OK, so I’m stealing the title from my pastor’s sermon yesterday. But he stole it from Scripture, so I think that’s OK!

I’m not a big fan of the Message Bible. It’s usually a little too hokey for me. But read this passage:

Are you tired? Worn out? Burned out on religion? Come to me. Get away with me and you’ll recover your life. I’ll show you how to take a real rest. Walk with me and work with me—watch how I do it. Learn the unforced rhythms of grace. I won’t lay anything heavy or ill-fitting on you. Keep company with me and you’ll learn to live freely and lightly.
Matthew 11:28-30 (emphasis mine)

Tonight on “Dancing with the Stars,” several couples will dance the Viennese Waltz. It’s a beautiful dance with graceful swirls amidst the rise and fall of the dance. It appears effortless. It flows with the rhythm of the music.

“Learn the unforced rhythms of grace” Jesus tells us. Here’s the Sandy Hovatter amplified version: “Learn to dance with me to the music I’m playing as the backdrop for your life. The music will have it’s own tune, unique to your life, created especially for you with crescendos and decrescendos, measures to be lived quite softly and others to be lived with great gusto. I’m writing it uniquely for you, note by note, to lead you into and through the purposes I have for your life.”


Lessons from Ballroom Dancing
Phil and I have taken ballroom dance lessons periodically over the past ten years. We love it, but we’re really not very good at it. In all these years, we’ve barely progressed beyond beginner. But even a beginner learns a few things:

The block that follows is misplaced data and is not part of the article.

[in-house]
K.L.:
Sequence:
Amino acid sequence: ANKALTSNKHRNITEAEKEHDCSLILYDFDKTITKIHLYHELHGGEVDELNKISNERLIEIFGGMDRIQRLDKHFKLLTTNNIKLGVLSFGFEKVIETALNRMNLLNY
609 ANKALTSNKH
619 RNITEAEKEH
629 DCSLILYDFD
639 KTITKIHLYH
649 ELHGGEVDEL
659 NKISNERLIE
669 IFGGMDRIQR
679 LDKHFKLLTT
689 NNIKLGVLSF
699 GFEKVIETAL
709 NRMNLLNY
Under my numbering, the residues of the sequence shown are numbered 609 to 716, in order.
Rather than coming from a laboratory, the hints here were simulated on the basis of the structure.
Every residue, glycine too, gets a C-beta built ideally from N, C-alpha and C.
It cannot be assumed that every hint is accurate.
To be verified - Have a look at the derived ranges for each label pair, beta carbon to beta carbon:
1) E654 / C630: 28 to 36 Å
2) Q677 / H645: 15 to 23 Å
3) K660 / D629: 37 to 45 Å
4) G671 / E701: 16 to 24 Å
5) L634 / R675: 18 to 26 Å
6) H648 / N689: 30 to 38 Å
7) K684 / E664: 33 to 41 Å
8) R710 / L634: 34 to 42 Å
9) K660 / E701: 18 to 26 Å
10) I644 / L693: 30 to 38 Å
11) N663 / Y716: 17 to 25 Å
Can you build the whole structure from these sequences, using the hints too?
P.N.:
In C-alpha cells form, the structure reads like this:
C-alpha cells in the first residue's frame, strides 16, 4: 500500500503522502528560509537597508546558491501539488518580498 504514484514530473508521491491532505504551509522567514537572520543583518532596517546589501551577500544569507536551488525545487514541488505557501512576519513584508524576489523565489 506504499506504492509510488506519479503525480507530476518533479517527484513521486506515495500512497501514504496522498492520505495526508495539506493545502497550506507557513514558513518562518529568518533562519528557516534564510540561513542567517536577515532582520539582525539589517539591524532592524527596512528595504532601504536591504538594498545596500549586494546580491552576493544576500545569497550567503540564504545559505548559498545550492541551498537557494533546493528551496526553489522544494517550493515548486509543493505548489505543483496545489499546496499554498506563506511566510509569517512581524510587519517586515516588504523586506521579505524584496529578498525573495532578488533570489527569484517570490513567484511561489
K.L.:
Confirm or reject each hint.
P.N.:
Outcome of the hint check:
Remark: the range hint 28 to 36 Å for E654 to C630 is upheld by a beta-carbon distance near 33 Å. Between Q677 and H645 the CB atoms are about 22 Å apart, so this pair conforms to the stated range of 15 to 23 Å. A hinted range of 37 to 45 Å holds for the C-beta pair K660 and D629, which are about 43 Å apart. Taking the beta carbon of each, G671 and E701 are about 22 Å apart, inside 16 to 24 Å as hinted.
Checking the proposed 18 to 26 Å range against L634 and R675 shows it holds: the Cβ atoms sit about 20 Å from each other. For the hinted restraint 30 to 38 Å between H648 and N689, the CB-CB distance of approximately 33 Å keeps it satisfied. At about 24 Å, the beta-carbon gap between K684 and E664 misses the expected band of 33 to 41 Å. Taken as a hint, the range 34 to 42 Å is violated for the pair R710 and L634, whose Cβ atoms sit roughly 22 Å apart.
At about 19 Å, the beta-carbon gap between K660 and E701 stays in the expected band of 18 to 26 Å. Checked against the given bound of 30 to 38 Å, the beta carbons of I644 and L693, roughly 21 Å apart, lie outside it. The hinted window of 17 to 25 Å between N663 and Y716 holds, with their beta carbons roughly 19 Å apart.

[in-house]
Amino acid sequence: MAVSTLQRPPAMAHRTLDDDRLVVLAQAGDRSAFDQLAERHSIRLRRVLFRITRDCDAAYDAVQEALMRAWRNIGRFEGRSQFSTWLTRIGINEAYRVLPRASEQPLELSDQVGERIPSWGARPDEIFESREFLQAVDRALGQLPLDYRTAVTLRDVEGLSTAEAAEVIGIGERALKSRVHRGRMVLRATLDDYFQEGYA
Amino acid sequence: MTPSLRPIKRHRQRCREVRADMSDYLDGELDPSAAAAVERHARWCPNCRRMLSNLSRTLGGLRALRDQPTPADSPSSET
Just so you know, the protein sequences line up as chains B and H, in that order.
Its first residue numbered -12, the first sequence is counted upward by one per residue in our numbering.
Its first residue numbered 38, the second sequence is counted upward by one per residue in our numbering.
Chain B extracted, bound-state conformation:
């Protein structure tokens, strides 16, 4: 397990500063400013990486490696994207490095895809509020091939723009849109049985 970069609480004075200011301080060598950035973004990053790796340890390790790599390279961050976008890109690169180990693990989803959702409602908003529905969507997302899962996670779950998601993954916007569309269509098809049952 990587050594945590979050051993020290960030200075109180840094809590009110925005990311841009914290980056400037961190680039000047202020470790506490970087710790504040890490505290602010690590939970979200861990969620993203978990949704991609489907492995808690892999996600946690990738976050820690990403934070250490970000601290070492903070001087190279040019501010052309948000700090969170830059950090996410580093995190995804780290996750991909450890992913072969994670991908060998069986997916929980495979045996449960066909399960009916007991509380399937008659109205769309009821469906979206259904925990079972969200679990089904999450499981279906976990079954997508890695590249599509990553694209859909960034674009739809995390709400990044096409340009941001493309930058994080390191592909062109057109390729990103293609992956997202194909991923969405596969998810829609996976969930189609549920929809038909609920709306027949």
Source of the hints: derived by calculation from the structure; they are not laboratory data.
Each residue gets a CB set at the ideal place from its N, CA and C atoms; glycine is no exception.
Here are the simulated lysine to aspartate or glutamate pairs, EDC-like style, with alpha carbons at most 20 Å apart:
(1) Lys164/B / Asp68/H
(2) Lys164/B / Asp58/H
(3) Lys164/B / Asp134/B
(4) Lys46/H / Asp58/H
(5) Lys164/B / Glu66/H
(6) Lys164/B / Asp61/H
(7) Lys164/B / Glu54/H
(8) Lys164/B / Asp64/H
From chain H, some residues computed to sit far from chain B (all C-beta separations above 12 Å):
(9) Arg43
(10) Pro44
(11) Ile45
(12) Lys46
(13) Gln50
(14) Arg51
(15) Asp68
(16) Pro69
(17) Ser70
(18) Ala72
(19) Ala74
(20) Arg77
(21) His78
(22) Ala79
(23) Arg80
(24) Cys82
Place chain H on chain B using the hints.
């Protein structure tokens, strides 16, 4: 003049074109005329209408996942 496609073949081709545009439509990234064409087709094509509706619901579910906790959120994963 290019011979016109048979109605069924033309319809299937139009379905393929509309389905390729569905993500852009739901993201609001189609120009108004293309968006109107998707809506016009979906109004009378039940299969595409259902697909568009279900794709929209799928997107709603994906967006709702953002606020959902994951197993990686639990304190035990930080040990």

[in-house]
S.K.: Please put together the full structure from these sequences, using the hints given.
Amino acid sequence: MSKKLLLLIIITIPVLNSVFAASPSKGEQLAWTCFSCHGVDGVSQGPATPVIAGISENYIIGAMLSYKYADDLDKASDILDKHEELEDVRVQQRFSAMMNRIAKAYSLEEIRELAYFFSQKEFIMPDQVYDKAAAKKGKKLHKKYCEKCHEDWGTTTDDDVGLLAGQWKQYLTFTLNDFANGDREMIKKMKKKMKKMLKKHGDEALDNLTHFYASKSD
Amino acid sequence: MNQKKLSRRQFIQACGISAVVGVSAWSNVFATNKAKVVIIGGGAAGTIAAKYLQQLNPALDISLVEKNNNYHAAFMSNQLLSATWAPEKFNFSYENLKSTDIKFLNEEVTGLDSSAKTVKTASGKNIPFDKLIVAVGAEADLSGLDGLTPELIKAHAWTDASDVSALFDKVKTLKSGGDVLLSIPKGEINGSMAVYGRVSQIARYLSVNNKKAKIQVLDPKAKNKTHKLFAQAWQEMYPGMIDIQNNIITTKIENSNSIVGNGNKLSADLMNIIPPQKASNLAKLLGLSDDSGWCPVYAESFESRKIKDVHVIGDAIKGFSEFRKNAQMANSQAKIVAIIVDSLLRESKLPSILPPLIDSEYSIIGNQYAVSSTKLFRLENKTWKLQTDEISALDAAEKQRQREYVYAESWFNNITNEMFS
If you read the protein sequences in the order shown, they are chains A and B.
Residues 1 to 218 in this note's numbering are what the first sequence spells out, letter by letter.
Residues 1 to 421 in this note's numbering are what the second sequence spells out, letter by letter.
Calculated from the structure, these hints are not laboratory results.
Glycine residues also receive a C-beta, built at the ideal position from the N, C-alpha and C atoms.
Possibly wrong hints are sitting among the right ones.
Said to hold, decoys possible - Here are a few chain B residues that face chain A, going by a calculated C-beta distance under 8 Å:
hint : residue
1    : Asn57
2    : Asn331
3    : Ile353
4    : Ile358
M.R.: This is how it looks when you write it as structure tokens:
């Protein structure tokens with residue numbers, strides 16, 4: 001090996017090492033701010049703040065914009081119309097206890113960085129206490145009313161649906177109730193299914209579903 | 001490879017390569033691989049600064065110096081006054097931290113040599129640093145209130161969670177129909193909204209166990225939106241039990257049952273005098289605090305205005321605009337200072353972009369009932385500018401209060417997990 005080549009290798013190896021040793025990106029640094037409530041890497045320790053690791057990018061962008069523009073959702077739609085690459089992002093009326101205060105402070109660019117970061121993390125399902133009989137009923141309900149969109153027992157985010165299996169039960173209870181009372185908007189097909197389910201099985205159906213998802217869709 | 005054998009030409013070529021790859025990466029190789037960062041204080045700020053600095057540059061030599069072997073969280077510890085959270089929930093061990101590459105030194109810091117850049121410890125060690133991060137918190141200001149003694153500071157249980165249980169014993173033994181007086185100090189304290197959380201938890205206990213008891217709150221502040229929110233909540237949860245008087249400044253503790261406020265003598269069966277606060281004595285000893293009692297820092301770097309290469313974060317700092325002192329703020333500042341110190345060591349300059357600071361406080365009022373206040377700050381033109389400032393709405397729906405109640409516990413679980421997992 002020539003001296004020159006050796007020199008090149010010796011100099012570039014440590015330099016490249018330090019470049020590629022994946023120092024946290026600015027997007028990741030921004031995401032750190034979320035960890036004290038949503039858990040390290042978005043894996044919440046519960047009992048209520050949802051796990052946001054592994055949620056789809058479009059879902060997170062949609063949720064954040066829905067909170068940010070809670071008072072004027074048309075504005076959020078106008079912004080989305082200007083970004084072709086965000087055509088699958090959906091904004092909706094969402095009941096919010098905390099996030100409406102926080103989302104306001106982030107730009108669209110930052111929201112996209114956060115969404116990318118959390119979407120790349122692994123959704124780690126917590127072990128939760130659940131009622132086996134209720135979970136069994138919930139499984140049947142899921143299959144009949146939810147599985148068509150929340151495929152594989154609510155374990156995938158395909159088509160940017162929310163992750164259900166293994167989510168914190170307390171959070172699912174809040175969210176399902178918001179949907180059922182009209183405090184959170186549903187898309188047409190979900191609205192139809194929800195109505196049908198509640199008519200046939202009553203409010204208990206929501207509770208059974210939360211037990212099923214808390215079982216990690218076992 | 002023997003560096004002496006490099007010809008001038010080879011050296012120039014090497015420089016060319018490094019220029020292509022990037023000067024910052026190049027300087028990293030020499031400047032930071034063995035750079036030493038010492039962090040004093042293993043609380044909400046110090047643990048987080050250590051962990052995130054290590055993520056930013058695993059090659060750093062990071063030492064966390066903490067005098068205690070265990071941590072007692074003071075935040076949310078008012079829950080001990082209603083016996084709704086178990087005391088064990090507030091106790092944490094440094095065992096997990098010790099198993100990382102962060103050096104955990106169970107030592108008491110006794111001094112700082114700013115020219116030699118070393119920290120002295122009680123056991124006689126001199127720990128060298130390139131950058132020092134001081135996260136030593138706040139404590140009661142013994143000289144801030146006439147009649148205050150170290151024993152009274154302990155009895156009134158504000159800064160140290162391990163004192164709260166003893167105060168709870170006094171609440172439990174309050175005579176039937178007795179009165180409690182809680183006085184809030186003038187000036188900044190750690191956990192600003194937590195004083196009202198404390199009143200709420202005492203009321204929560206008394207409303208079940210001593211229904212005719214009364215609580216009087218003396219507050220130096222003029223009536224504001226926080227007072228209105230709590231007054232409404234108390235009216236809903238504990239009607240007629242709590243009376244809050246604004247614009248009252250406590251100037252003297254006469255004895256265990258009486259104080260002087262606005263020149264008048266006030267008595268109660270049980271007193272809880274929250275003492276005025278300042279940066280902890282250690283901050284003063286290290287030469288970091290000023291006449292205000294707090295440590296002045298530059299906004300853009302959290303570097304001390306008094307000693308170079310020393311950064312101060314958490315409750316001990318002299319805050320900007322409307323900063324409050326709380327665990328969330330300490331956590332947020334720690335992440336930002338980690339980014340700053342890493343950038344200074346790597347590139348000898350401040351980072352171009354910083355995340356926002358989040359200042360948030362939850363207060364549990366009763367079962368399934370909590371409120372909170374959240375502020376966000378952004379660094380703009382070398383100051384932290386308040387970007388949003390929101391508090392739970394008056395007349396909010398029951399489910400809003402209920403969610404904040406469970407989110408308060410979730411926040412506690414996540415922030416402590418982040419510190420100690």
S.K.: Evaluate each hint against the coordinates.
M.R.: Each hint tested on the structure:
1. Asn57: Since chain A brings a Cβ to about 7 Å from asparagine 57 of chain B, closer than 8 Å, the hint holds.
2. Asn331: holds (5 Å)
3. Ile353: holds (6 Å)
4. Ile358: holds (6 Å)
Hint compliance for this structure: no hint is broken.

1) Only one person can lead! When two people lead you are constantly fighting one another and you’re likely to end up on the floor as you lead each other in opposite directions.

2) If the wrong person leads, the dance doesn’t flow properly. It just looks (and feels) wrong.

3) Find someone who knows more than you do and follow them.

4) Finding and following the flow and rhythm of the music covers a multitude of wrong steps.

5) Quit stressing about getting it perfect — you’ll get better each time, so enjoy the process and laugh at your mistakes. (Every teacher we’ve had has told us that we have to do every step a thousand times to really learn it — and they all suggest practicing the steps as we walk down the street! People who love to dance don’t seem to care if others laugh at them.)

I doubt that you need me to make the spiritual applications here, but how can I resist?

• When following Jesus, only one person can lead — the Lord! When I take the lead, falling is never far behind. At the very least, the flow of my dance (i.e., my life) disintegrates rapidly.

• I’ve always found that being around people who love God more than I do greatly enhances my love for God. I try to find these people and hang around with them.

• Walking in grace covers a multitude of mis-steps. Keeping my connection with the Lord strong allows me to flow in His rhythm, so even when I miss His lead, I don’t get far before sensing that He’s changed directions.

• A question I try to ask often is “In the light of eternity, how important is it?” Almost all the time, the answer is “not very.” So let it go. Don’t get angry because your husband is doing that thing that annoys you…again. Don’t be discouraged because you’re not the person you want to be yet. Keep practicing. You’ll get the steps down. Don’t give up. Laugh at your mistakes (not at your sin, at your mistakes, there’s a difference) and try it again.

I’m ready to treat life as a wonderful dance between my Savior and me. Who knows, it might end up looking a whole lot like a Viennese waltz.

An afterthought: When Phil and I are dancing, I am most likely to “steal” the lead when I become bored — when we’re not doing anything interesting. If I were to examine my life, I bet I’d find the same to be true of the times I’ve “stolen” the lead from Christ. As if I know what’s best for me, right? Wrong!

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